They aren't ridiculously priced, but they are a professional resource that offers studio space, trucks, and film gear.
Lighting is just as important as anything else. When it comes to G&E, there are few rental houses that are both as accessible and well known.
They will rent out lighting gear, stingers, light stands, c-stands, flags, apple boxes, and anything else you might need.
This camera house has been used for a huge number of professional productions, and you can see their credits on their website.
They also provide productions with lighting equipment, so you can get both out of the way and possible get a nice little bundle price.
KitSplit works a lot like ShareGrid, and you will find their services very similar.
You can get your production insurance and rent gear from rental houses, private renters, and also find some additional resources.
FatLama is another gear sharing platform that give your reasonable prices, and covers more than just film gear.
You can also rent DJ equipment, bicycles, all sorts of stuff. It definitely loses some of the focus, but for an indie filmmaker it is a good option.
Parachut takes a subscriptions model and applied it to film gear.
You choose which level of subscription you'd like, pay the fee, gain a certain amount of points, and then spend that monthly allowance of gear.
You get to keep the gear for as long as you like, or at least, as long as you keep your subscription. You can send in gear to refill your points, and get a new piece of gear, all with free shipping.
LensRentals is a big resource and it will allow you not only to rent the lenses you'd like to try, but also to apply your rental fee toward a purchase.
They are pretty limited as far as an entire film production situation goes, but if you need some optics or camera gear, they are a good option.
BorrowLenses and LensRentals are very similar, and they are good to comparison shop against for a particular lens.
These are great options when you already have most of your gear, but need a little bit more to take your visuals up to the next level.
4. TEST FILM EQUIPMENT
Test your film equipment first
Our next simple step is prepping and picking up equipment.
This will be a different process for every department, but each department should be well acquainted with what their responsibilities are.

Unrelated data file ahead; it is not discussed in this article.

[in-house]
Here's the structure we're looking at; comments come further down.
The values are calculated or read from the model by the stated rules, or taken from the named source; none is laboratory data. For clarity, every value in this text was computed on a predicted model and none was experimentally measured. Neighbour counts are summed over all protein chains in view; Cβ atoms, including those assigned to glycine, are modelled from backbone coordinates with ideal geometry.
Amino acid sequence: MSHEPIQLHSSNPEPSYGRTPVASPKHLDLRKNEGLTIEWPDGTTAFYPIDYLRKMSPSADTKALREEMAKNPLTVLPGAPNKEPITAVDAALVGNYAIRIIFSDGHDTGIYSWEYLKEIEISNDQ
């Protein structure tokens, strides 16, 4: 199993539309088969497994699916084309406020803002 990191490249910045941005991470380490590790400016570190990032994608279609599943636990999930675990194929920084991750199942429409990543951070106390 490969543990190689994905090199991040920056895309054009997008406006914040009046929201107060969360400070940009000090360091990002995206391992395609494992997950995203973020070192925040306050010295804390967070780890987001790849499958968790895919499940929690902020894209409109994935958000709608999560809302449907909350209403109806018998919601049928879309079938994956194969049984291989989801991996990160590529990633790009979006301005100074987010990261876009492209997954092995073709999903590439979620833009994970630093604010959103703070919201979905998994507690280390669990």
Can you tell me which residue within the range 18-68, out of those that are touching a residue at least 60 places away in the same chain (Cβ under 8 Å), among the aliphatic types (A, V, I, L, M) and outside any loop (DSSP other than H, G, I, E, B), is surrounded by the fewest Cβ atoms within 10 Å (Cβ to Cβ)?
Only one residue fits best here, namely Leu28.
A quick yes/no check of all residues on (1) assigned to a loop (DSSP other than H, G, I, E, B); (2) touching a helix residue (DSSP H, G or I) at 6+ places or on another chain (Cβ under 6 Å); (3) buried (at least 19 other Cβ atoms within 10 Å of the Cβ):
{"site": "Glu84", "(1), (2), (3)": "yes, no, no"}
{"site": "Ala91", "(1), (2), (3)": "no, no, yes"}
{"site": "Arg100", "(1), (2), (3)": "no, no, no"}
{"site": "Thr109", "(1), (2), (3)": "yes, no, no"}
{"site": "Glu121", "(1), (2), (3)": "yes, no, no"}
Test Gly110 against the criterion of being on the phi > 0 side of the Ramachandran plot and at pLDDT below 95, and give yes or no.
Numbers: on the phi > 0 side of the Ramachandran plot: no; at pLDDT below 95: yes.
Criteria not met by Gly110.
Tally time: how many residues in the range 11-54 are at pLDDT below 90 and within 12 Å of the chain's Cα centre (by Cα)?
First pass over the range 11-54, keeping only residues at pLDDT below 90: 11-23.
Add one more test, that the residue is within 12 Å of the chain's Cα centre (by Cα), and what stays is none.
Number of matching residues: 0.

They need to check the equipment because if something doesn't work on set, not only are you somewhat out of luck for your production, but you may be blamed by the rental house for the faulty equipment.
Now, one of the advantages of using a professional rental house is that they will test the gear right there in front of your camera team.
One of the most important preps for the film shoot is with the camera department. Depending on the type of camera, the 1st Assistant Camera will inspect and prepare the equipment for use and transport.
The Key Grip and Gaffer will inspect their truck. The Special Effects Assistant will try the rain machine and so on...
Someone from every department will make sure that the equipment is ready to be used. If there needs to be replacements, changes or additions, you will be notified very quickly, so be ready.
This is one of the reason it is important to keep your production and crew list as organized as possible, and when you use a production planning software, you can see each task checked off in real time.
Each department will be given invoices and receipts for the deposits and rentals.
Every invoice or receipt will be given to production. If you are not emailed an invoice or receipt from the rental house contact, it is not out of the ordinary to have your crew member take a picture.
This is especially useful if they will not be joining production immediately after prep and pick up. This is also a way to prevent any surprises. No surprises are the only good surprises in production.
5. Return equipment
Return equipment like a pro
Renting film gear is only half of your job, because the other half is keeping it in good condition so you can return it without any issues.
You also need to return it on time to avoid costly overages.
Remember, returning your equipment even an hour late can get you a full day’s charge at non-negotiated rates. Avoid this mistake at all cost.
When you receive the final invoice it will reflect any additional expenses, discounts, and loss and damage charges if anything is broken, lost or stolen during your shoot.
If you have a rather large deductible, and something went wrong on set, this may end up costing your production thousands of dollars.
This is another reason why you only allow professionals to touch expensive gear, why each department should be the ONLY people touching their respective gear, and why you need to consider good production insurance.
$500 for a year of production insurance will protect you and keep your deductible low, and you'll be able to avoid paying $3000 to a rental house because a camera monitor fell over on set.
The essential duties of a line producer
Renting equipment is a piece of cake with these seven simple steps. Now that you got the process down, perhaps it’s time to step up your game and learn everything you need to know about being a line producer. Check out Studiobinder’s article on the essential duties up next.